Sunday, August 5, 2012

San Francisco Street Sighting - 1975 Land Rover 101 FC Military Ambulance

Flickr has been an excellent resource for finding new cars to photograph in San Francisco. Frequently it's because some automotive-minded city resident carries a camera around everywhere and takes a picture or two of almost every interesting vehicle they encounter. I like to challenge myself to figure out where the picture was taken based on the background. Then I go there with my camera. It's a crap shoot, really. The nature of street-parked vehicles is that they move around. It's very common for me to go out in search of a specific list of vehicles to locate and photograph, and I go home at the end of the day with an entirely different crop of cars because none of the ones I planned to shoot were there.
I had a hunch one day while I was in the city with a friend. We were sightseeing and after visiting COIT Tower we explored Telegraph Hill looking for the famous red and green parrots that live there and like to eat berries off of some bushes that grow at the top of Montgomery Street. I also knew from Flickr that a vintage Land Rover military ambulance lived in the area. Lo and behold, I found it.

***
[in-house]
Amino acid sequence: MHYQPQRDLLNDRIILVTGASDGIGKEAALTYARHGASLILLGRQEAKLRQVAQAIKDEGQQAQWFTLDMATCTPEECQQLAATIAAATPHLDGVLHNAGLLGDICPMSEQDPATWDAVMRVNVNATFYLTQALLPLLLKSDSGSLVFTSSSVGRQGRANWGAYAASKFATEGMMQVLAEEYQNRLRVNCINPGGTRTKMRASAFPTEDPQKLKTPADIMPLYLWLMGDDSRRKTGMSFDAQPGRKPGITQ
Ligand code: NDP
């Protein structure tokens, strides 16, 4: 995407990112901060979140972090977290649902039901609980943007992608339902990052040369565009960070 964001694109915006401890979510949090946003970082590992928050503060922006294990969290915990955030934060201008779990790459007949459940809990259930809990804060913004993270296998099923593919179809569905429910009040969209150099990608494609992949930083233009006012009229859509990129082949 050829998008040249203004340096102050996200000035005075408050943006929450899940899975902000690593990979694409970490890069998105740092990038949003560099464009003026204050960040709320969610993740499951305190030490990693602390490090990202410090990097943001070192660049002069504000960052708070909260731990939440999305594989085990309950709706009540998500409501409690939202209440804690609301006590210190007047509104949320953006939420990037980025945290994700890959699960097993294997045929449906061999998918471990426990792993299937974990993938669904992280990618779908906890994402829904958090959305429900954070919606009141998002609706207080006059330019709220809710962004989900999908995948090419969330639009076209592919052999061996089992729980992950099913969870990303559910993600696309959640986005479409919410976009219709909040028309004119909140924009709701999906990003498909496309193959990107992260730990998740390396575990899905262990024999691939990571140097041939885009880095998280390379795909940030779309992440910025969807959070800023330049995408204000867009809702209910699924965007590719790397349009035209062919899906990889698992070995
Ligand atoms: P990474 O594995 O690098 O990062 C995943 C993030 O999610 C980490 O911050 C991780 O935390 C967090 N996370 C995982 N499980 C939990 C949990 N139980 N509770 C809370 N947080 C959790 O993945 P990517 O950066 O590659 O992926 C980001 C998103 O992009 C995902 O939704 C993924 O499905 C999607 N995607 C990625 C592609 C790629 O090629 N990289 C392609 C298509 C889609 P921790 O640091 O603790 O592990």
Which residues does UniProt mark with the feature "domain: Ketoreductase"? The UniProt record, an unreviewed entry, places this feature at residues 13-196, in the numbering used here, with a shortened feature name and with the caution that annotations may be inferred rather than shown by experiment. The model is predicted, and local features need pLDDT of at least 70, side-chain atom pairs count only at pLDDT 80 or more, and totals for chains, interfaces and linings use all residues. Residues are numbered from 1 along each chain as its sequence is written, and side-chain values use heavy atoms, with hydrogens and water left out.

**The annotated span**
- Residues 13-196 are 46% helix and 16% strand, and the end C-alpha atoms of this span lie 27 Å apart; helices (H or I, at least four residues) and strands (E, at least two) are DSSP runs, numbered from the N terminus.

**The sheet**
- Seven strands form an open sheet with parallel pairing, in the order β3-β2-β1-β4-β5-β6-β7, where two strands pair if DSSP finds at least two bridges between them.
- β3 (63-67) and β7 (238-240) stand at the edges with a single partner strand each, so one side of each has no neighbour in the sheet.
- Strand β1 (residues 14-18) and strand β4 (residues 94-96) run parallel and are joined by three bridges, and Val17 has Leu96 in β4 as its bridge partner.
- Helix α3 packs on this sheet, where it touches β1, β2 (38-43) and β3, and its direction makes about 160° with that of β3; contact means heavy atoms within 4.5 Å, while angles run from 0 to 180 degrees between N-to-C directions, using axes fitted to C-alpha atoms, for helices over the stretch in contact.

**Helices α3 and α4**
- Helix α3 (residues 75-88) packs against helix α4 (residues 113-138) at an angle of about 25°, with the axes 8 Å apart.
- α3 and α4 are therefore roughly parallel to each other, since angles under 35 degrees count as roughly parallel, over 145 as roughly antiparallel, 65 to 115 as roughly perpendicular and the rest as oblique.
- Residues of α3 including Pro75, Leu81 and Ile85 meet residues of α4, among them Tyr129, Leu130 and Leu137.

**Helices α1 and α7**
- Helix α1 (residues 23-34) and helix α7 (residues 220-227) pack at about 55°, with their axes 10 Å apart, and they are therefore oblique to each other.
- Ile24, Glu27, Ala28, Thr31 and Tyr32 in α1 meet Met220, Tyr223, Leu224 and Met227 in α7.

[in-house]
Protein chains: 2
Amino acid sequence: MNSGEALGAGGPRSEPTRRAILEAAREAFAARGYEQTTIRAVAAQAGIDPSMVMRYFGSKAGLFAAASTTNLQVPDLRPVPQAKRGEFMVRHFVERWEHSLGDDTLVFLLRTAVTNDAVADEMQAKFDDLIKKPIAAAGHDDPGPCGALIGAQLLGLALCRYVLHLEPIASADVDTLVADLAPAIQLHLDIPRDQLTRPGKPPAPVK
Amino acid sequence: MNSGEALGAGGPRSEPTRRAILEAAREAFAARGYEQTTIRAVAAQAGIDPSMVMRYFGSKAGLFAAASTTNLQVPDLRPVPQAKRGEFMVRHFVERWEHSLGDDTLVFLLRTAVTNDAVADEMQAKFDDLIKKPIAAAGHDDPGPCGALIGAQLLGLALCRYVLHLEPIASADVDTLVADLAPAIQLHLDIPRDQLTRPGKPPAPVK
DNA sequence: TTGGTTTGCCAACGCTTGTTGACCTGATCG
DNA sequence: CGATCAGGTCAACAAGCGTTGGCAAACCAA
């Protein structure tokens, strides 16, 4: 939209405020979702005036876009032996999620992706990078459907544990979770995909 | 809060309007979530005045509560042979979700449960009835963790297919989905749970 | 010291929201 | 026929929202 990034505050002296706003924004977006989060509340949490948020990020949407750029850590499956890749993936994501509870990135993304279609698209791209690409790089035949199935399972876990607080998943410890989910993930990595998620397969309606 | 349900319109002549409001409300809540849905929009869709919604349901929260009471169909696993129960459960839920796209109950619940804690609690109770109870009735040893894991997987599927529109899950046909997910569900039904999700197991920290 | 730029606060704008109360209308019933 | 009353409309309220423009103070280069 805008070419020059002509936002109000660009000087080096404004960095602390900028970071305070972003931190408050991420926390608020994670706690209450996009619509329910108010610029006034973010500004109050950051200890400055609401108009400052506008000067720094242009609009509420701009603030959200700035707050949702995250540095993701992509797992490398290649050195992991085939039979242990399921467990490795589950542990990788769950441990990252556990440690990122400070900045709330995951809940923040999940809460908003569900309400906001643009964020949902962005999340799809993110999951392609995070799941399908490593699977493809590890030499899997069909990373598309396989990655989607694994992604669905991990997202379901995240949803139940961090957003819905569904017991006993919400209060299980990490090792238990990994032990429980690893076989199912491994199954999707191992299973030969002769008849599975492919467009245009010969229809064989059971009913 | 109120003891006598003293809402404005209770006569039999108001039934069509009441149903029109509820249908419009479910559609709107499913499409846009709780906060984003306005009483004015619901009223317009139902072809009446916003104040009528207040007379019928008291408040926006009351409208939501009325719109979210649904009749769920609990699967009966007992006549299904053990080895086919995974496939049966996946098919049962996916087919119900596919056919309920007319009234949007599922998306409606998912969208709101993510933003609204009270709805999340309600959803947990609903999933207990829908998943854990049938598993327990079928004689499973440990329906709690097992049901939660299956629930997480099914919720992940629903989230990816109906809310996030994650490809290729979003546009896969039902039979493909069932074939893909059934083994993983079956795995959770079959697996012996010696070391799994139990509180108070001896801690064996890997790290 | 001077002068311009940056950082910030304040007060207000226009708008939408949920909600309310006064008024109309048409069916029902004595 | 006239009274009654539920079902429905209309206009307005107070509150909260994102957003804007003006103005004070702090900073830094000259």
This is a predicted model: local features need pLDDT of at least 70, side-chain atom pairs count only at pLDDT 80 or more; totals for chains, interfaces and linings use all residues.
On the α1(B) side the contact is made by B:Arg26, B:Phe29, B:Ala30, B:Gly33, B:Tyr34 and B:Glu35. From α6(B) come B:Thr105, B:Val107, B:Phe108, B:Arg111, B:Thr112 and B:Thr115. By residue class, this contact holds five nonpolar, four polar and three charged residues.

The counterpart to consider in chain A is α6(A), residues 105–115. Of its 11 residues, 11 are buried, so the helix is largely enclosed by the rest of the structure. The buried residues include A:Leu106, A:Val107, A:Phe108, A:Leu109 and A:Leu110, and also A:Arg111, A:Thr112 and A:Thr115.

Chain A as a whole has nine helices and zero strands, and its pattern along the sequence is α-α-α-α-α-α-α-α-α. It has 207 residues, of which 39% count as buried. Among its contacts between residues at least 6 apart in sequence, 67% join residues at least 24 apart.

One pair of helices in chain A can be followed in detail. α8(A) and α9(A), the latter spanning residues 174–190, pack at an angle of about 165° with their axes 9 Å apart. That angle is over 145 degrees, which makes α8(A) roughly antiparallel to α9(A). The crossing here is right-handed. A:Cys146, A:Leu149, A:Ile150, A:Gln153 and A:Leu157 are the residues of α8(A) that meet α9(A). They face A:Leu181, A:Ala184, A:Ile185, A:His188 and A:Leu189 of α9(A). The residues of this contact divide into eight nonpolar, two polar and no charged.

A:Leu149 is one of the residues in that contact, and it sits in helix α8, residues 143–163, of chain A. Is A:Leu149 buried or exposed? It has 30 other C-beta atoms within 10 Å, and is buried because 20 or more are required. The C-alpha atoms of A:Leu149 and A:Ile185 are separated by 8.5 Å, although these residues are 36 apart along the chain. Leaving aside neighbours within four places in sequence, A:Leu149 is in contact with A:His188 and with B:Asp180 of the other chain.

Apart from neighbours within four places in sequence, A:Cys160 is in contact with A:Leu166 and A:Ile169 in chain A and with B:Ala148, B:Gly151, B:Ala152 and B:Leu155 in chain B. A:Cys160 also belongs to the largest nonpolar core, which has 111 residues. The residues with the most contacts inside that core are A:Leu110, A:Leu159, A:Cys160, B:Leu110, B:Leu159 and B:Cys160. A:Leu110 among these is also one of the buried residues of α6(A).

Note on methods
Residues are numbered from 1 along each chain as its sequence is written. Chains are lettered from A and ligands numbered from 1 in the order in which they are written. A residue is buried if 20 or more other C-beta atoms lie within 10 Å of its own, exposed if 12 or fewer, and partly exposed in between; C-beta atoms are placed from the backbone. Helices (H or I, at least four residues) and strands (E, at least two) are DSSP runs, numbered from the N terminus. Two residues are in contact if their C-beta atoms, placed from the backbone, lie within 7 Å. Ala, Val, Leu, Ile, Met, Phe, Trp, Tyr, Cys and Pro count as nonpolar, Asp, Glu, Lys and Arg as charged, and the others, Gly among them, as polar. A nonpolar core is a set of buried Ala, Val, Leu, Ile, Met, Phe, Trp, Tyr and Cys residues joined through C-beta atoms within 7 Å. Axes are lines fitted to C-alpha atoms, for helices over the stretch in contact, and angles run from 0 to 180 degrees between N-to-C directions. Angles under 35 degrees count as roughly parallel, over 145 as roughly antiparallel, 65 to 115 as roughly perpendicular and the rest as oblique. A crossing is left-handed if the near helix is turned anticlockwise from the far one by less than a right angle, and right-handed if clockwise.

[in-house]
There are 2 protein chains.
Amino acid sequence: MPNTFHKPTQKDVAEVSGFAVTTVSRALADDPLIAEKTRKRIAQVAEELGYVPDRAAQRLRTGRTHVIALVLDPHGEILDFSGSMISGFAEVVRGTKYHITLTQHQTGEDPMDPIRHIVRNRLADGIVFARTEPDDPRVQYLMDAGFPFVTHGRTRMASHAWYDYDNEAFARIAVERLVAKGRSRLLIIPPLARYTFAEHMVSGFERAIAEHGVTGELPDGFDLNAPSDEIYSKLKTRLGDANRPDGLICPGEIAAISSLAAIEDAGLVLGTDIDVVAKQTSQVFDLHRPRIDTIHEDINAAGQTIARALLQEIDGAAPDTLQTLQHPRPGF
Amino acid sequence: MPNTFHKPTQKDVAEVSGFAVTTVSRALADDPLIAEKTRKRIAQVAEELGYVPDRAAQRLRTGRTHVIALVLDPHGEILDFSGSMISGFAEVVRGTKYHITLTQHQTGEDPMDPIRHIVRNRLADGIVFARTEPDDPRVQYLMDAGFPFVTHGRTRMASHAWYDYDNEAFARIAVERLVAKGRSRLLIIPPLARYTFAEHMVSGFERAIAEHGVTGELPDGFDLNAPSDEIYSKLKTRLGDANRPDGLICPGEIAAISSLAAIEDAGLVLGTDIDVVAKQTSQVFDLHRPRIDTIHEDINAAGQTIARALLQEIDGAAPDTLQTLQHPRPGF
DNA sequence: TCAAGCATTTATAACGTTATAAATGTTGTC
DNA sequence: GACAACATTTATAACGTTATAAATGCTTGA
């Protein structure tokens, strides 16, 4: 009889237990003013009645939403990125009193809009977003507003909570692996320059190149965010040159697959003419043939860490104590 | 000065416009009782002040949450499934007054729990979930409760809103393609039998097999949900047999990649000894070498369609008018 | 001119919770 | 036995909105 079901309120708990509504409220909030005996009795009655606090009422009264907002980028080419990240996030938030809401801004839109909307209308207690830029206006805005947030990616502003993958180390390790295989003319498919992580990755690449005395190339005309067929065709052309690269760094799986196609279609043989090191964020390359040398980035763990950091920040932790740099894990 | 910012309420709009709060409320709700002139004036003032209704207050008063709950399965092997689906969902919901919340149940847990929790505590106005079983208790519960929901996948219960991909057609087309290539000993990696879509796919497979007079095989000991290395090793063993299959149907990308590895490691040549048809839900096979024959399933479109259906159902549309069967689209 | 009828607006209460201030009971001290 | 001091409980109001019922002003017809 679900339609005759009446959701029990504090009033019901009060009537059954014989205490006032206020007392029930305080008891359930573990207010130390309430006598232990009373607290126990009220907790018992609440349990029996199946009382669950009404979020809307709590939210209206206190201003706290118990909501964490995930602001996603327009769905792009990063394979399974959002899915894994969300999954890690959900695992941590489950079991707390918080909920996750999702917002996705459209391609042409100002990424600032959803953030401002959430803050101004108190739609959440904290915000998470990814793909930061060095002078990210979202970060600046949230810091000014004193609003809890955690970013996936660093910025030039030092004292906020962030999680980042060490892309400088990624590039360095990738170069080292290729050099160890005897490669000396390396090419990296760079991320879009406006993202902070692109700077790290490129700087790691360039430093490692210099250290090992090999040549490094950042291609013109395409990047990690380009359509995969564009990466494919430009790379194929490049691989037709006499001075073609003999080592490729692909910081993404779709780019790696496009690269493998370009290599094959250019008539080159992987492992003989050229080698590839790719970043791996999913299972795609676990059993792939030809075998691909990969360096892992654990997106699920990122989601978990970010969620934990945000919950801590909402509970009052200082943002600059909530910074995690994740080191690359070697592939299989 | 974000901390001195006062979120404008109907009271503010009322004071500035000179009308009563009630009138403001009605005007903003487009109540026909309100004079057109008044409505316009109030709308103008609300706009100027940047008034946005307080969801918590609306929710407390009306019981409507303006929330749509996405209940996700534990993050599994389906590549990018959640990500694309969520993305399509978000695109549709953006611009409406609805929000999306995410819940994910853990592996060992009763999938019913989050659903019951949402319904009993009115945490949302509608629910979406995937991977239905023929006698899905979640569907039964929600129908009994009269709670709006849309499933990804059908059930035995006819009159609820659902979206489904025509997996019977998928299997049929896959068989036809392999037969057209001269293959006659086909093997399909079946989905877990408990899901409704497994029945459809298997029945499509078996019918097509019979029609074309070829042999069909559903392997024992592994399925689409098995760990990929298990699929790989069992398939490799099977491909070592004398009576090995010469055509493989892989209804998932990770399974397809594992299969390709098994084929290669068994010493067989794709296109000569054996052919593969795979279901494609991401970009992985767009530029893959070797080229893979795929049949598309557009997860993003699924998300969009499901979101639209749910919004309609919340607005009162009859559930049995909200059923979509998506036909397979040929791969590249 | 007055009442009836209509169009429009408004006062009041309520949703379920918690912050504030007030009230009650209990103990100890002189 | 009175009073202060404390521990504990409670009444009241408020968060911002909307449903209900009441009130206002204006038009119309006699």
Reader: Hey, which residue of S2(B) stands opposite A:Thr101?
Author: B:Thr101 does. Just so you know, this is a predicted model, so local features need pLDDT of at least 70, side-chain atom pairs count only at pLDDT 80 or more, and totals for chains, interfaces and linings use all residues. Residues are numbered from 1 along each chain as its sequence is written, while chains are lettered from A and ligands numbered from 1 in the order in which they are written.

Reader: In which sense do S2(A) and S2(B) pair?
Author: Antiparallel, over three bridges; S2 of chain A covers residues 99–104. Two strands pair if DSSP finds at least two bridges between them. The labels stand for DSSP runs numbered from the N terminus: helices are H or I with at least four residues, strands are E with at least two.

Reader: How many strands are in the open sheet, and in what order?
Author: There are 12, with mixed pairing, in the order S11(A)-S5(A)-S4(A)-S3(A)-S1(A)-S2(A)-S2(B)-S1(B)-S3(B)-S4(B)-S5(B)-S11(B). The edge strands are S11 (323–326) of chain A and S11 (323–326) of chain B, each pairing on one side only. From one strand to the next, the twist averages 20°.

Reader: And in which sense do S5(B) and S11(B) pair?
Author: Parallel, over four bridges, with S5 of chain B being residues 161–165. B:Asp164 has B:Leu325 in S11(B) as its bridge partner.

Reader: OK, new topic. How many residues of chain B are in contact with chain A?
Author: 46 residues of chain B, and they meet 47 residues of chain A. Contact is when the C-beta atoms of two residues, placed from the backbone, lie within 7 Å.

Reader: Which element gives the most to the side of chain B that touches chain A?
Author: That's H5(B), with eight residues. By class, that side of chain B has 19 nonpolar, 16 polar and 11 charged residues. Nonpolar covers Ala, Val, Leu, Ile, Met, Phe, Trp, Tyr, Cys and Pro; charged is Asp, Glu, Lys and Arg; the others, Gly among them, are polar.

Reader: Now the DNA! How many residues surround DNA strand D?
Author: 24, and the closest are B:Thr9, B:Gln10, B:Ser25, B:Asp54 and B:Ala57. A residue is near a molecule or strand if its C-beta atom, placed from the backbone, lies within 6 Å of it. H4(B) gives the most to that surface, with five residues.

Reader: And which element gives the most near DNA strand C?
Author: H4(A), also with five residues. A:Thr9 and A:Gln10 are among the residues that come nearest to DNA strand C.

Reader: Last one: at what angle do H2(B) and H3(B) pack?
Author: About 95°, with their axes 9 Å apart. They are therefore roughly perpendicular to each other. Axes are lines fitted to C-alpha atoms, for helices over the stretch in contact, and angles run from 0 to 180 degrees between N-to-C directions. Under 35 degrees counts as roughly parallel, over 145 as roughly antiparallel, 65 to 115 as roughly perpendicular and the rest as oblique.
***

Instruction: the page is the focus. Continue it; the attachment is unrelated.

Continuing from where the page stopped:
Land Rover built Rover V8-powered forward control trucks for the British military in a variety of configurations between 1972 and 1978. Many were used as gun tractors, radio vans or ambulances, and others were used for towing and support for Rapier missiles, radar and electronic warfare. The square shape allowed maximum space efficiency for transportation aboard cargo planes. The trucks lacked running boards but were instead designed with a treaded steel extension that juts out of the front wheel, known as a "wheel step" for assisting ingress and egress.
I don't know the year of this truck, but I assume that because there are no smog tests on record it's pre-1976. Calling it a '75 splits the difference between beginning and end of the production run. I'm also not sure if the camouflage paint job is original, or how much of the medical signage and gear attached to the body is original. Some of it looks a bit superfluous and cheesy to me, and detracts from the general badassness of the truck. From what I've read, the red light on top should actually be blue on a military ambulance. I wonder if it was changed to avoid confusion with an actual police or other emergency vehicle.
This is arguably one of the more unique vehicles currently living in San Francisco. Foreign ex-military trucks in the hands of civilians are an ironic choice in a peace-loving city like that, but they're there. I know of a couple of Pinzgauers and a curious Volvo C304 6x6 which sadly seems to have been abandoned.

I wonder what else lurks in the streets of San Francisco.

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